How are breeders handling positive stallions as far as using in their breeding program? Assuming a mare is tested negative, do you go ahead and use or decide not to introduce into your program? Is it relevant if you are breeding for possibilily keeping the next generation in your program vs breeding to sell as a performance horse prospect. Thoughts appreciated.
There are no WFFS positive horses. There is no documented case of a WFFS positive surviving to adulthood.
As far as carrier stallions, we have no issue using them. We test our mares and would never breed carrier to carrier, so there is zero chance of getting a positive foal even with a carrier stallion. And since 50% of foals will test clear, you may be good. Either way doesn’t bother me as long as I’m informed and can make an informed decision. If a stallion owner doesn’t want to list their status, I just move on.
I’m seeing most breeders are testing their mares and making decisions based on the results; there’s some movement on FB (especially in Dressage Breeder’s Group) for more transparency from SOs about a stallion’s WFFS status.
I’ve wondered before about what carrier status does to a horse; we really don’t know. It would be my preference not to breed a carrier at all, but so many legitimately nice broodmares would be lost if we did so.
It is likely very relevant whether or not the foal is intended to be retained in the breeding program, or sold as a riding horse. I think most buyers for riding horses aren’t even aware of WFFS and won’t care if the horse is a carrier – but many breeders have WFFS on their radar now, and may not want a horse in their program that is a carrier. Particularly now that WFFS is becoming more difficult to avoid; there are tons of really nice stallions right now that are carriers.
This would be a good question for the DBG on FB. I think you’d get a lot of meaningful and thoughtful responses.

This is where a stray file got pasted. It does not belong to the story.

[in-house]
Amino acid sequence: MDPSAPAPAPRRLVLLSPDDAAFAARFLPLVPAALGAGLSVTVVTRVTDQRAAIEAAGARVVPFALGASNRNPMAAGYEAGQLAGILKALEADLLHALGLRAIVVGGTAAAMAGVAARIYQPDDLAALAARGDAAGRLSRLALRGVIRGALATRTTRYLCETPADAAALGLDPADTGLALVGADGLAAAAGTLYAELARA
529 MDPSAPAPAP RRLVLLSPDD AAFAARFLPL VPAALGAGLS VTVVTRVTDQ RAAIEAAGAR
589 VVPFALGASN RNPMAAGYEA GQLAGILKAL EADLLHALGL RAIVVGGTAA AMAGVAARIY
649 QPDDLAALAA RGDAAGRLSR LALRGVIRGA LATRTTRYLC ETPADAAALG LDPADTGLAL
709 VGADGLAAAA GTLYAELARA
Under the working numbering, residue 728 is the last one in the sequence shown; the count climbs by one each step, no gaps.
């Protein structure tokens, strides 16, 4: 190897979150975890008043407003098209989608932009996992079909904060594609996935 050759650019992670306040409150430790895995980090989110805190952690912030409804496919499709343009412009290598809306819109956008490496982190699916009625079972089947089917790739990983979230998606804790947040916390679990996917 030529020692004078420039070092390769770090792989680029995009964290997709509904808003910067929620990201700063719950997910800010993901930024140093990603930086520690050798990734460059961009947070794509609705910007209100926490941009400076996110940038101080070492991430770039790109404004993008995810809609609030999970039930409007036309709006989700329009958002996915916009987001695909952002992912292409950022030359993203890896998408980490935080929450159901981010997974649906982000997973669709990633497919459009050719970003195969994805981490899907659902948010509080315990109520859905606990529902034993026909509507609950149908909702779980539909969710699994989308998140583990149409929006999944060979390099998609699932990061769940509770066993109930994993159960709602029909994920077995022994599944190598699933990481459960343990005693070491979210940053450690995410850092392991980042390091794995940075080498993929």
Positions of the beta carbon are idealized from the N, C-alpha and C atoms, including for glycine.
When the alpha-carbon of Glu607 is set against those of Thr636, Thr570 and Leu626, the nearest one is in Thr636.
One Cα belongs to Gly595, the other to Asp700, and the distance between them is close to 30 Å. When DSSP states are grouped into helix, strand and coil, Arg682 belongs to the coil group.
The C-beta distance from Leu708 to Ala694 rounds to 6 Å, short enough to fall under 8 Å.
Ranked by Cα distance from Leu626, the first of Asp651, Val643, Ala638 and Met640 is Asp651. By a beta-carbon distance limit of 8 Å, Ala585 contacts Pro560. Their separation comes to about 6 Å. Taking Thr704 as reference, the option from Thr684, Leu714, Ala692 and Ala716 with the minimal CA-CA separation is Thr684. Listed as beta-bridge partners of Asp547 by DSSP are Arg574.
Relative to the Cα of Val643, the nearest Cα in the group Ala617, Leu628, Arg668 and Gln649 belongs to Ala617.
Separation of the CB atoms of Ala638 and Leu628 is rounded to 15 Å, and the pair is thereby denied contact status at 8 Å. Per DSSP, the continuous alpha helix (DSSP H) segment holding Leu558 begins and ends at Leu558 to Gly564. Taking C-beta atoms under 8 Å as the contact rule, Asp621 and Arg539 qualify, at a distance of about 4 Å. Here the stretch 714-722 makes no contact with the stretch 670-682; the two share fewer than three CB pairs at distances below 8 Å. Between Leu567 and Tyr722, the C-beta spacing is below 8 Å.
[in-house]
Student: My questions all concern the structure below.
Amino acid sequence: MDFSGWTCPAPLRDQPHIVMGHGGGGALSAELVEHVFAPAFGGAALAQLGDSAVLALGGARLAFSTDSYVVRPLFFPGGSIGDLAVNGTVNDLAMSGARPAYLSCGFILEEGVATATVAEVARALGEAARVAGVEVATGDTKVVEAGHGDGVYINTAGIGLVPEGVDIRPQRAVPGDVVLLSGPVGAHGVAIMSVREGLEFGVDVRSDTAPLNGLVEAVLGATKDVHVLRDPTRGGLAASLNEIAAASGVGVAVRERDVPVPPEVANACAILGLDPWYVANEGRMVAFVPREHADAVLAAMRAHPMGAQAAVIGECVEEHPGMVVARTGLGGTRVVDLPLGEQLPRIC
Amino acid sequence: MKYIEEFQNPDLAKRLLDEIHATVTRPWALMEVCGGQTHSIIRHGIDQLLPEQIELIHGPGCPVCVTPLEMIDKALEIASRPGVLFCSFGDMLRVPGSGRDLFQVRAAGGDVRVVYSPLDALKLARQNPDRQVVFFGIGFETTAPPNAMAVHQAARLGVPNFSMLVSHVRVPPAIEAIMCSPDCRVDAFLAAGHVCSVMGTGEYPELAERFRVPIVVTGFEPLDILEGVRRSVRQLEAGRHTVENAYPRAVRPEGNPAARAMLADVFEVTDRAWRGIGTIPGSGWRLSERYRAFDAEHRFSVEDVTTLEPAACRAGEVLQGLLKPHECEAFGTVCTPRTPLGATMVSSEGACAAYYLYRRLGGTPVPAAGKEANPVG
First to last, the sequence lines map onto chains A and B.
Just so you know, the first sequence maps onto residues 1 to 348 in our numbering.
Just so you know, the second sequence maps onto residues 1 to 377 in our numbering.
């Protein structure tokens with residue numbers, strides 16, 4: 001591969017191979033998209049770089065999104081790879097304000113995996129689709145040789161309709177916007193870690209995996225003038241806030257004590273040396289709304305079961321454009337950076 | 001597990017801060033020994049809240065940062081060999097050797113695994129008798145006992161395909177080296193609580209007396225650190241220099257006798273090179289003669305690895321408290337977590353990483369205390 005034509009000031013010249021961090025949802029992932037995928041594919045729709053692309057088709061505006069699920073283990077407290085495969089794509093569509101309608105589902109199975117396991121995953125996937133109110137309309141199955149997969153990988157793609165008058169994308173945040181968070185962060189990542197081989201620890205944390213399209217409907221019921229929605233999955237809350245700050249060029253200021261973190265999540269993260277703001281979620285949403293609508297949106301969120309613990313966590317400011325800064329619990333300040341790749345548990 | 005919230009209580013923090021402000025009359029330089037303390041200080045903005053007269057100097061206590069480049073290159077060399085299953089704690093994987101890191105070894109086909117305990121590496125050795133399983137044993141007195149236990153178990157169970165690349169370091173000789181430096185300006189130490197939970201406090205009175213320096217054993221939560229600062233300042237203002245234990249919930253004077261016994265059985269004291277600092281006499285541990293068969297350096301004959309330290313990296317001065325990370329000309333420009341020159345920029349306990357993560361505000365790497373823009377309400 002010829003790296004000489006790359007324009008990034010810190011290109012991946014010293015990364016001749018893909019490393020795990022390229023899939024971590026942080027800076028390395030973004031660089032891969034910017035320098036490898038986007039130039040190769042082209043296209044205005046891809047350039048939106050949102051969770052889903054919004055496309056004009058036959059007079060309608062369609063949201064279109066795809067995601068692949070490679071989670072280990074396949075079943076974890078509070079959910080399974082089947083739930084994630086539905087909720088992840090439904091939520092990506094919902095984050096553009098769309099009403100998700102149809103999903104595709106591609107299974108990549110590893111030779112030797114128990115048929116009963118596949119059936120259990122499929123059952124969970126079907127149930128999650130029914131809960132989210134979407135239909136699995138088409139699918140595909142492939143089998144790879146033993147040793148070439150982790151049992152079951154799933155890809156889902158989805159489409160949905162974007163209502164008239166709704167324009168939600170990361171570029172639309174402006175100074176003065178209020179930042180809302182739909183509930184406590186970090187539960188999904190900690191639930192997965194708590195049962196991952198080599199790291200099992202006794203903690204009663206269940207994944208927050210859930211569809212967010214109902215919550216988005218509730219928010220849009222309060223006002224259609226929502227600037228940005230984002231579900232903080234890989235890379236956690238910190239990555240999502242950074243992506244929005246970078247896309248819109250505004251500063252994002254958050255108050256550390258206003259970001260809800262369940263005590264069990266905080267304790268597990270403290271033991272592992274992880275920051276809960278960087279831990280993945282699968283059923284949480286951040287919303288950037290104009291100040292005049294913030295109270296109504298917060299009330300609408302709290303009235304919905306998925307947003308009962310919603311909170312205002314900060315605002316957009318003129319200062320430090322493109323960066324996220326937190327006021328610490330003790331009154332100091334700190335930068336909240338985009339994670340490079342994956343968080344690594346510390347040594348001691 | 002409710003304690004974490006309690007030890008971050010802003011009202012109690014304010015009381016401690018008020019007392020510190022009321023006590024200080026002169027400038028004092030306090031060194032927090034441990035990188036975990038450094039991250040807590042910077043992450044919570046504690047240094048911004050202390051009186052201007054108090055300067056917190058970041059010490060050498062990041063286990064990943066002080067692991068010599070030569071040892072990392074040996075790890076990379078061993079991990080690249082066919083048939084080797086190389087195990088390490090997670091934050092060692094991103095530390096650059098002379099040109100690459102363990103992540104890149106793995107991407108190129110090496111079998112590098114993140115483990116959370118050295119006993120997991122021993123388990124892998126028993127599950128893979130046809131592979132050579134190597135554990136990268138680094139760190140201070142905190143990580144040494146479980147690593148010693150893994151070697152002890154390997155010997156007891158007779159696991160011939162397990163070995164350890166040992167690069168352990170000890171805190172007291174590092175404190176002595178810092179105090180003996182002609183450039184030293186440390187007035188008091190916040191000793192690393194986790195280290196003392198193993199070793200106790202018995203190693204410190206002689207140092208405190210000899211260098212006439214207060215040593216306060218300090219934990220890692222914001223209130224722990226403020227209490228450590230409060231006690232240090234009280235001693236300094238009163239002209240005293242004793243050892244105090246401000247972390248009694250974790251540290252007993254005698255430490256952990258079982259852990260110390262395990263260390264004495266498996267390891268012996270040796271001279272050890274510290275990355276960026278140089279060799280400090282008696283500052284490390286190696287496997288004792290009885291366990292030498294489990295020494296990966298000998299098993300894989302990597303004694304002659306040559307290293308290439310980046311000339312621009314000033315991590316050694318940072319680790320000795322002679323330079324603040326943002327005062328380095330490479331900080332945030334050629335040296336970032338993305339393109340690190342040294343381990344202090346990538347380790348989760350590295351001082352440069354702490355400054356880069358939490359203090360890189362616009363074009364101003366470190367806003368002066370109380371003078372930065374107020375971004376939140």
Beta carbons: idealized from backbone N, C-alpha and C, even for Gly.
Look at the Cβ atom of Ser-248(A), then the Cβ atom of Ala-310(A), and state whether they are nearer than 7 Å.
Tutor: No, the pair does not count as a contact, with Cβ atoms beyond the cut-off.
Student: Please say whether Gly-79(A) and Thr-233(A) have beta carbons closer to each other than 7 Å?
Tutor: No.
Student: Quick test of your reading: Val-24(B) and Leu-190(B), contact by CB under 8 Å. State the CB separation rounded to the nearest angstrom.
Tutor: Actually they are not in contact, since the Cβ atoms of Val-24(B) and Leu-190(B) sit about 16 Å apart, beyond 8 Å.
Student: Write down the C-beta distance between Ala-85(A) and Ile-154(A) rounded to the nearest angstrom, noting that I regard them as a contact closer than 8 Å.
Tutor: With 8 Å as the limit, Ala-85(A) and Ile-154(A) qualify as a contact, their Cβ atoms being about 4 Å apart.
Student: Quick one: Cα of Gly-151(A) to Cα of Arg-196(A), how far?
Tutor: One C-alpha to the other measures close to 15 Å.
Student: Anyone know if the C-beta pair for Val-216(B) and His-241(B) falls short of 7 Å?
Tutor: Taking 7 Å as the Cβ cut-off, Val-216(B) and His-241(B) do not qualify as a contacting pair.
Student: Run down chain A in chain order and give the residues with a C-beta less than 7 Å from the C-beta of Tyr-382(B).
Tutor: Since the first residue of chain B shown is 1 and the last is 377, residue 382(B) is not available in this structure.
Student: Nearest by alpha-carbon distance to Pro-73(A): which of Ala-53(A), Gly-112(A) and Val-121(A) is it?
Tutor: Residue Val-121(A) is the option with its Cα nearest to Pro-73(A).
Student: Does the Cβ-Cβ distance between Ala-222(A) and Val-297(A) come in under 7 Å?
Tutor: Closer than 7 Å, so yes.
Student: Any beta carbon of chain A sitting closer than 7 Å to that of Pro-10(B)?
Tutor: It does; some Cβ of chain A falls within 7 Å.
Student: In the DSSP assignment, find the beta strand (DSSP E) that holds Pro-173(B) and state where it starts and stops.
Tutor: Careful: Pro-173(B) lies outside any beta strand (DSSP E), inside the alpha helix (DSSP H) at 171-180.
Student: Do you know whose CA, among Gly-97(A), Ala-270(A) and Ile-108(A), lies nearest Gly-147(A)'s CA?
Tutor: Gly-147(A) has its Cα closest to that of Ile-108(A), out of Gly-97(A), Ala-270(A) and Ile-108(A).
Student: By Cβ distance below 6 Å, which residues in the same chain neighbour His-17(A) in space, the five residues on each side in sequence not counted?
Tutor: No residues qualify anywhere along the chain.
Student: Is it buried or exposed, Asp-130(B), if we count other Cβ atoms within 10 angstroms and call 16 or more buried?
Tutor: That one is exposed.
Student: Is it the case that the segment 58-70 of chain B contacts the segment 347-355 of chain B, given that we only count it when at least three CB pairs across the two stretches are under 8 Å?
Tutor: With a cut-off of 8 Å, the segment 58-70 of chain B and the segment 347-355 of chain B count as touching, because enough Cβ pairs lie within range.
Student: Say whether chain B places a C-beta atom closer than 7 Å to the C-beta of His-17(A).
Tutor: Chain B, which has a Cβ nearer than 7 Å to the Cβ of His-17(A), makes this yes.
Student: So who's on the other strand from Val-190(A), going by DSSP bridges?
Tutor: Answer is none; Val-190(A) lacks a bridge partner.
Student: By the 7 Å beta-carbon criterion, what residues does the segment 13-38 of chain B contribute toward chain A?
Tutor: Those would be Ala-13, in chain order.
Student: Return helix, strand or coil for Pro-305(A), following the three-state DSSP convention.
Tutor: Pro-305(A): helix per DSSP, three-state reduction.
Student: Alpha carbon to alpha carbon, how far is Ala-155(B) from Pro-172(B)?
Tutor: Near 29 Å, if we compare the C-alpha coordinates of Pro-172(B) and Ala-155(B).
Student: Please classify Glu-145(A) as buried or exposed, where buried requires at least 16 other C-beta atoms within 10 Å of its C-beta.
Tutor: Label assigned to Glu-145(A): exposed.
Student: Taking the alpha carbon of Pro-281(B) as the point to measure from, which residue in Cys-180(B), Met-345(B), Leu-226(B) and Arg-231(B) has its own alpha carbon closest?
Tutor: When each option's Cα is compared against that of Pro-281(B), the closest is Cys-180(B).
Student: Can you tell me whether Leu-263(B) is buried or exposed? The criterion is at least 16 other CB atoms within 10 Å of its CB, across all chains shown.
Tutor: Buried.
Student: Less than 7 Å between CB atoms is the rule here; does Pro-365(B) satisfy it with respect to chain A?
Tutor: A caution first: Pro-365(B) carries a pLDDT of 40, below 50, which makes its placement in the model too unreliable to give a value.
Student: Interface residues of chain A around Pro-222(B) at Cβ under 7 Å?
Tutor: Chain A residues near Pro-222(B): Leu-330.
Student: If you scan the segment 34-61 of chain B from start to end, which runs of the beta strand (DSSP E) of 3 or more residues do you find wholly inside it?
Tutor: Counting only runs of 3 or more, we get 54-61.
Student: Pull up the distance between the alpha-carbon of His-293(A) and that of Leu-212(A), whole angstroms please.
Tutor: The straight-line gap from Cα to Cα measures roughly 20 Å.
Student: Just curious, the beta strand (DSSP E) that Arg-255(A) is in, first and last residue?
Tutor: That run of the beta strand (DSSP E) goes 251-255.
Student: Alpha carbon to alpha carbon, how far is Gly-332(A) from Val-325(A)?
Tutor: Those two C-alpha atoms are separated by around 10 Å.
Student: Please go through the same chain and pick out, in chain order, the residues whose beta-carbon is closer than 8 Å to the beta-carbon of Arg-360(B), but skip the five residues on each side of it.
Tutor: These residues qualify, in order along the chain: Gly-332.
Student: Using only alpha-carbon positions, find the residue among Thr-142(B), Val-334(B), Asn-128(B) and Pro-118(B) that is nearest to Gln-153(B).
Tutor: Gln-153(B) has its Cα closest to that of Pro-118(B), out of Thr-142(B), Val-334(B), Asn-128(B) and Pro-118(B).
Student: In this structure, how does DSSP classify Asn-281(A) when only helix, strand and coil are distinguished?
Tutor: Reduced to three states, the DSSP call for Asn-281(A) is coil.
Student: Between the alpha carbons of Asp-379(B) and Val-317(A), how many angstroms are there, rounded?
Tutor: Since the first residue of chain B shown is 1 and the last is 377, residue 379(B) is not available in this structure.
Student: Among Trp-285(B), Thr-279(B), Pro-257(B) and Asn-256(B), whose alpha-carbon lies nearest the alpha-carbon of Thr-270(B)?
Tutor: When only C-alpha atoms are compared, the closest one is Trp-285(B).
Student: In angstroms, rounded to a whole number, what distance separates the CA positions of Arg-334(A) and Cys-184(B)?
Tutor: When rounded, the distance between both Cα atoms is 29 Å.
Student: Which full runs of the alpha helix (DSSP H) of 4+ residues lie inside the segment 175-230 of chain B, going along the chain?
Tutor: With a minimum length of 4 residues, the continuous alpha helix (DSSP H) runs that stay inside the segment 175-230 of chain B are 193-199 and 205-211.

I’m a very small, small, breeder and tested the mare (negative) and bred to a WFFS carrier stallion. My plan was to not breed the resulting offspring anyway, so it didn’t bother me one bit to breed to this stallion.
I think there’s a pretty good idea that it doesn’t affect them, not significantly anyway. In all the deep dives that many countries did into trying to find the origin of this disease, in all the testing that’s been done including of so many horses who are out there currently competing, or who did compete at high levels in their teens, it just seems unlikely that many horses would be out there if it cause problems.
It may be something like HERDA, where carriers do have some structural changes to ligaments (maybe tendons, don’t quote me). That much is known. What’s not known is what impact that has on the horse, but all that I’ve ever seen on that is that it might be what has given the original, and subsequent offspring carriers, and advantage in the ring due to some extra “snap” to their movement - faster, quicker, etc. But that hasn’t been studied, and it’s only speculation.
That’s my line of thinking.
Did you see this, thought it was interesting but obviously needs to be studied more in depth:
That’s really interesting! And yes, much more research is needed. I can’t tell if the study is published yet and don’t have time right now to go searching for it, but I’d want to know if they chose study horses who are as unrelated as possible, since there are enough lines out there that reliably produce the same type of conformation and movement. And if that line happens to be a carrier, you can’t just say their movement equates to carrier status. Did I make sense?
This study was presented at ESS this year, and I sat in on the presentation. It was very much a pilot study; if I remember correctly, they used a herd of horses at just one barn for logistical reasons. The abstract is in JEVS. I don’t know where/when they intend to publish the full paper, but I’m sure Dr. Brooks would be more than happy to answer more specific questions about their protocol and plans.
It was a very interesting presentation.
Thanks for the correction, carrier vs positive-glad you understood what I was asking!